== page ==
Typhoon Thelma, October 1991. Thelma was one of the most devastating tropical systems to affect the Philippines this century. Reports indicated that 6000 people died by catastrophic events including dam failure landslides and extensive flash flooding. The death toll exceeded that of the Mt. Pinatubo eruption. The highest casualties occurred on Leyte Island where widespread logging in recent years had stripped the hills above the port city bare of vegetation.

Droughts, Famines and Heatwaves

Droughts, famines, and heatwaves and much harder to quantify. The effects are devastating and impacts can span just a couple months or stretch to a decade or more. Some historical drought/ famines with loss of life include:

Asian Droughts.

Numerous drought related disasters have occurred over the Asian mainland this century. The most notable include:

  • Indian Drought of 1900-1/4 to 3 1/4 million die due to drought, starvation and disease
  • Chinese Famine of 1907-Over 24 million perish from starvation
  • Chinese Famine of 1928-1930-Over 3 million perish in northwest China
  • Chinese Famine of 1936-5 million Chinese die in what is called the “New Famine”
  • Chinese Drought 1941-1942-Over 3 million perish from starvation
  • Indian Drought of 1965-1967-Over 1.5 million perish in India
  • Soviet Union (Ukraine and Volga regions) 1921-1922-¼ to 5 million perish from drought

Sahel Drought, various years. Famines/ droughts have occurred in the Sahel of Africa in 1910-1914, 1940-1944, 1970-1985. The drought in the Sahel claimed over 600,000 in 1972-1975 and again in 1984-1985.


Severe and damaging tornadoes are mainly a U. S. phenomena. The U. S. is the “Tornado Capital of the World” and has more tornadoes annually than any country on the globe. Two notable outbreaks include: “Super Tornado Outbreak of 1974” (315 deaths) and the “Tri State Tornado of 1925” (695 deaths).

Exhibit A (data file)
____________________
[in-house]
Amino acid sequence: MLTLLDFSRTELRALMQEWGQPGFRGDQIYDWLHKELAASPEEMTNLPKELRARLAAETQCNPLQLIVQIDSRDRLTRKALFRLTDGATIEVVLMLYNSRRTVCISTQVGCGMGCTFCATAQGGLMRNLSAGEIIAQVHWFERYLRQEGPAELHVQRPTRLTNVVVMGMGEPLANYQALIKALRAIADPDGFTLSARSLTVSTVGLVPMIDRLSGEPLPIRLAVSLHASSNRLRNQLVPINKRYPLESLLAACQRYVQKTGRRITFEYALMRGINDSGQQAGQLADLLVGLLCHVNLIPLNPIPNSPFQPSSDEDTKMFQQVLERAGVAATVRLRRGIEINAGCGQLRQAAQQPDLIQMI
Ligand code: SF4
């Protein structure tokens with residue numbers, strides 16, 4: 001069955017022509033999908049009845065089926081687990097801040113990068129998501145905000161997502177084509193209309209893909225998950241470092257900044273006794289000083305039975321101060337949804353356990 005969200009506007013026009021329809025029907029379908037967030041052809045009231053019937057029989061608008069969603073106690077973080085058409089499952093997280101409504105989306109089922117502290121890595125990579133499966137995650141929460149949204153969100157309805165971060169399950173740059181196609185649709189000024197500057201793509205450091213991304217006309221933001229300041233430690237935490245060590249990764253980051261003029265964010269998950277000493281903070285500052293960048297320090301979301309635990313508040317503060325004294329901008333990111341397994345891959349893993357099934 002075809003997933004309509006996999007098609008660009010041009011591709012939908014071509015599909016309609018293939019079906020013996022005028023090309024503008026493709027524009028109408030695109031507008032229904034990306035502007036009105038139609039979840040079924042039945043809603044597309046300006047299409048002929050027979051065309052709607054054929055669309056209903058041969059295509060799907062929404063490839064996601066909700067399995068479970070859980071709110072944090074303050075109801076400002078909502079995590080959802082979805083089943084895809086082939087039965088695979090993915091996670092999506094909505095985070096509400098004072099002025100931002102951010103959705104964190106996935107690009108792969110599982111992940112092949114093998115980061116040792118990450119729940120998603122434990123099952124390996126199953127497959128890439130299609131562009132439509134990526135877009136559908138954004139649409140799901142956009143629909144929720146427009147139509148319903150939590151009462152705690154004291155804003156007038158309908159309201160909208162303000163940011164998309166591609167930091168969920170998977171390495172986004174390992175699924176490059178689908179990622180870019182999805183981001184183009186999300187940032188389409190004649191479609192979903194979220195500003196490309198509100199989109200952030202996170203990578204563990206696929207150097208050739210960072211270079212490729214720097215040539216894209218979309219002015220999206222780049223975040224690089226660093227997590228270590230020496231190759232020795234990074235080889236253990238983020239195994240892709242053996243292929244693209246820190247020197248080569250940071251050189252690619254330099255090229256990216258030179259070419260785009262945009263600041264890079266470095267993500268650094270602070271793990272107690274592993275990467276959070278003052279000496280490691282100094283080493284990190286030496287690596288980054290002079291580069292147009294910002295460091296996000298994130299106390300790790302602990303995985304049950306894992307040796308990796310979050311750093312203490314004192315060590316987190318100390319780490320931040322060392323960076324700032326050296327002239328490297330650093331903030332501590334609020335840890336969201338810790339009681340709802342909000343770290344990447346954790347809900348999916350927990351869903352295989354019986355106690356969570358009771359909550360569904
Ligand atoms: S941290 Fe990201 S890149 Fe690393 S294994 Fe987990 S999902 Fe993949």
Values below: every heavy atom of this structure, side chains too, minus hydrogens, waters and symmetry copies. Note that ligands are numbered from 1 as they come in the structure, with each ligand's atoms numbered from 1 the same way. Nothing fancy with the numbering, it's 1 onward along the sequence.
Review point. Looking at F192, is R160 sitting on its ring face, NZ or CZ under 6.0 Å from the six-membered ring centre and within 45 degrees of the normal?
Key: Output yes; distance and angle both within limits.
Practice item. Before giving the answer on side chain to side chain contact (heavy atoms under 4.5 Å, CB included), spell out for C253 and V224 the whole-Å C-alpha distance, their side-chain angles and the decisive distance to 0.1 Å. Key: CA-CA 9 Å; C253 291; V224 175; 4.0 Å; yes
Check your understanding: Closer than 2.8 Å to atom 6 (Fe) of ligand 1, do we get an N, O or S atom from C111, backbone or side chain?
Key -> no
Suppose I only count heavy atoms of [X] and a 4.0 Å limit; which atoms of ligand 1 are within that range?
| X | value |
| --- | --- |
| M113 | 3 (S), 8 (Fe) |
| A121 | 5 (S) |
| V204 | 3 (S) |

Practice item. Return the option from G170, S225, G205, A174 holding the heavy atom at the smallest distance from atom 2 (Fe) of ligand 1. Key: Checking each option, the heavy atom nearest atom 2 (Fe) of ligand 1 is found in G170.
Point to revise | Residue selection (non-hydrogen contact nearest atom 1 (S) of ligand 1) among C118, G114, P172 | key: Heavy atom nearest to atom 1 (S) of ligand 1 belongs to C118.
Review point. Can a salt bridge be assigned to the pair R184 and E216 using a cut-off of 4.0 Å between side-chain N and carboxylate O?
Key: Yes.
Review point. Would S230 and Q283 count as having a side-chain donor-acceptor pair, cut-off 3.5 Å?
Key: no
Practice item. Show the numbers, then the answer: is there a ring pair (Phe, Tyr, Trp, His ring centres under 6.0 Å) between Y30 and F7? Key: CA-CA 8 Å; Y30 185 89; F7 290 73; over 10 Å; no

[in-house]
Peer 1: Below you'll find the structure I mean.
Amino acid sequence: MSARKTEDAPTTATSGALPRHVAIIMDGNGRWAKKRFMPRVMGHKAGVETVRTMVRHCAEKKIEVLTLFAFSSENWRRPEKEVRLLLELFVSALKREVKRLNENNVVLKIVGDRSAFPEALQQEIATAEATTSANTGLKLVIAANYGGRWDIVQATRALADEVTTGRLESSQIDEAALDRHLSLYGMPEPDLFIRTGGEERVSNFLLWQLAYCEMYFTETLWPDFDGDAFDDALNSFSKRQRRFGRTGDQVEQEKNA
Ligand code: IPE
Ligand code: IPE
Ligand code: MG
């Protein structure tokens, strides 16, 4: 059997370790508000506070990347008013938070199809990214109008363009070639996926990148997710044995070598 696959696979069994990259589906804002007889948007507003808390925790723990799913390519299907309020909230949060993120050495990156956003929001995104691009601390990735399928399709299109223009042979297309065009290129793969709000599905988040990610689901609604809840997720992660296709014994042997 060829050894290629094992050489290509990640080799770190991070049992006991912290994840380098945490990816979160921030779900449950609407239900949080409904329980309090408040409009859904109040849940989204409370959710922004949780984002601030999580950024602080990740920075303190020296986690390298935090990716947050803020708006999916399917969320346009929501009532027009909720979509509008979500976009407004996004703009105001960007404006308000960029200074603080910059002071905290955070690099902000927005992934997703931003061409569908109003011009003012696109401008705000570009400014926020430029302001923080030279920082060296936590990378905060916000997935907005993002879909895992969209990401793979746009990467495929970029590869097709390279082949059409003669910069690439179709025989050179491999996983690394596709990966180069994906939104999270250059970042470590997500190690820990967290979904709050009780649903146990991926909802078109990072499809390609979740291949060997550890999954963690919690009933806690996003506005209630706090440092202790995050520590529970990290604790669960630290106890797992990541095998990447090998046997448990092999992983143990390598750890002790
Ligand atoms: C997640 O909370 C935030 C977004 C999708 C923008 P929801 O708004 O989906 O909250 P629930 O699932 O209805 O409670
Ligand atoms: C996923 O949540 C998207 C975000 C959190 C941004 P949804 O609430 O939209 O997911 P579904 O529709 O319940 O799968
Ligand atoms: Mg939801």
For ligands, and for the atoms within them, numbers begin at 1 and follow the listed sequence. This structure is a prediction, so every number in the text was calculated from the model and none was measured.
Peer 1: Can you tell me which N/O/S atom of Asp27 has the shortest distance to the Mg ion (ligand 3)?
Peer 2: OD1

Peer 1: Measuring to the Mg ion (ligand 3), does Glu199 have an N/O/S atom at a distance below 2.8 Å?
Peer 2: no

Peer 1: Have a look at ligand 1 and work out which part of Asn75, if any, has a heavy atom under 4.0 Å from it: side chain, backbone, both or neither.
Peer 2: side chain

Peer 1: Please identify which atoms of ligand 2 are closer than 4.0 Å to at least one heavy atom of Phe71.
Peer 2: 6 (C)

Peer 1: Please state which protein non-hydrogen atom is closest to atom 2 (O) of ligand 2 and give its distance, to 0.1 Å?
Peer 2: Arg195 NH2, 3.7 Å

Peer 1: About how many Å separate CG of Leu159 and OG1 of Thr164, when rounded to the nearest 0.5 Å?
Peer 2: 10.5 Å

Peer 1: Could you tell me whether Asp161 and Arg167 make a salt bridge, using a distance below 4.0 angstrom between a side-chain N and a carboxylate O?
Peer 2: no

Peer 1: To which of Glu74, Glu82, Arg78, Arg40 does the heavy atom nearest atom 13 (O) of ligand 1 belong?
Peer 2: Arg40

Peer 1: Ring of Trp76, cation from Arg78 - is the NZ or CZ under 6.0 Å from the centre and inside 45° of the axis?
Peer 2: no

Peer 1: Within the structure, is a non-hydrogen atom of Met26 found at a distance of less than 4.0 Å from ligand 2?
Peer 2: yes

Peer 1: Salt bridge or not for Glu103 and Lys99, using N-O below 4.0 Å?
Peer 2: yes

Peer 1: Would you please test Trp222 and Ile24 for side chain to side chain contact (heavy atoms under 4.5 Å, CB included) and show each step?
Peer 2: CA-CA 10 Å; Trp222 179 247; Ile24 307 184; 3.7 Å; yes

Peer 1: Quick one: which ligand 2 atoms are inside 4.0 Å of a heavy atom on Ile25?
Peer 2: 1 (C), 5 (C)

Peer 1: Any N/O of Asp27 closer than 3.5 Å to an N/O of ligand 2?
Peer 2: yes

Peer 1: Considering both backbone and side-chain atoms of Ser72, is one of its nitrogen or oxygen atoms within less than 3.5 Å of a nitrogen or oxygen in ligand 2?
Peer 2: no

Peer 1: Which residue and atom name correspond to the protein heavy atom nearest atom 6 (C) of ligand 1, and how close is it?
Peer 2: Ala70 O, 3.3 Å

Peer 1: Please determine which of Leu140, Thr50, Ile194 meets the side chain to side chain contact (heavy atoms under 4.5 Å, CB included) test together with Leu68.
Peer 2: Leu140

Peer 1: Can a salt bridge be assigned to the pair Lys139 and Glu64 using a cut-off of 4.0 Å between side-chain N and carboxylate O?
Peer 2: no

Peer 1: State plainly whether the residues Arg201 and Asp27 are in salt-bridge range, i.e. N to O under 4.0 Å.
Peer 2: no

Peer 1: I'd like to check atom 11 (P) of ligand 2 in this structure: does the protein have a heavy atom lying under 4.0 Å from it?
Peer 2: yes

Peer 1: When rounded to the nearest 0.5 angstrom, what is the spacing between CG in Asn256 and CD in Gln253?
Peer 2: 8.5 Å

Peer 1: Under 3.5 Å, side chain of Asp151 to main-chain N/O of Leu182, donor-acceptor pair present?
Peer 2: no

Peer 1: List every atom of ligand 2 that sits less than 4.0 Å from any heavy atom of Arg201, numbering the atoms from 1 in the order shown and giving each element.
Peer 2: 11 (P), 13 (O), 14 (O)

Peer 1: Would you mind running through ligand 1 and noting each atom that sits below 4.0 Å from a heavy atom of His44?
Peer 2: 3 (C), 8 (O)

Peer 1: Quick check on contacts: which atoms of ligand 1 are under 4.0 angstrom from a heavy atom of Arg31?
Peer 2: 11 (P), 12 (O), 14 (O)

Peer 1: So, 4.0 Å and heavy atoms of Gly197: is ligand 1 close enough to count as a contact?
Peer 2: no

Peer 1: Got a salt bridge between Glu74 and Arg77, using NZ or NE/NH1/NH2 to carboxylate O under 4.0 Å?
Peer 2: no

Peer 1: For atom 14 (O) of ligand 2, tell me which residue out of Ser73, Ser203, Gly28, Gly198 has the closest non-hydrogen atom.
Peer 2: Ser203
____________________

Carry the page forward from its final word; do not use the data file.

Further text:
Winter Storms/ Blizzards Iran Blizzard, February 1972. A blizzard in Iran in Feb 1972 ended a four-year drought but the week long cold and snow caused the deaths of approximately 4,000 people.

Europe Storm Surge, 1953. One of Europe’s greatest natural disasters occurred during the winter months of January and February 1953. Violent winter storms caused storm surges which caused flooding in areas of the Netherlands and the United Kingdom. Almost 2,000 people perished due to these storm surges.

Climate Links:

The Great Smog of London, December 1952.
Stagnant air due to an inversion combined with industrial and residential emissions to create an air pollution episode without parallel in this century. 4,000 deaths were attributed to the poisonous air with 4,000 additional fatalities due to related causes.

El Niño, La Niña
El Niño and La Niña events tend to alternate about every three to seven years. However, the time from one event to the next can vary from one to ten years.

1982 to 1983 El Niño. The economic impacts of the 1982-83 El Niño were huge. Along the west coast of South American, the losses exceeded the benefits. The fishing industries in Ecuador and Peru suffered heavily when their anchovy harvest failed and their sardines unexpectedly moved south into Chilean waters. Also, changed circulation patterns steered tropical systems off their usual tracks to islands such as Hawaii and Tahiti, which are unaccustomed to such severe weather. They also caused the monsoon rains to fall over the central Pacific instead of the western Pacific. The lack of rain in the Western Pacific led to droughts and disastrous forest fires in Indonesia and Australia. Winter storms battered southern California and caused widespread flooding across the southern United States, while unusually mild weather and a lack of snow was evident across much of the central and northeastern portion of the U. S. Overall, the loss to the world economy in 1982- 83 as a result of the changes to climate due to the El Niño amounted to over $8 billion. The toll in terms of human suffering is much more difficult to estimate. (Reference- NOAA/OGP Our Changing Planet Spring 1994)

New York Times estimate $ 21.0 billion 1997 USD or about $ 13.0 billion in 1982-1983 dollars.

Note: NOAA/ OGP survey of Global Impacts caused by the 1997-1998 ENSO warm event was $ 25.0-33.0 billion

For more information contact NESDIS Public Affairs at (301) 457-5005.

Posted December 13, 1999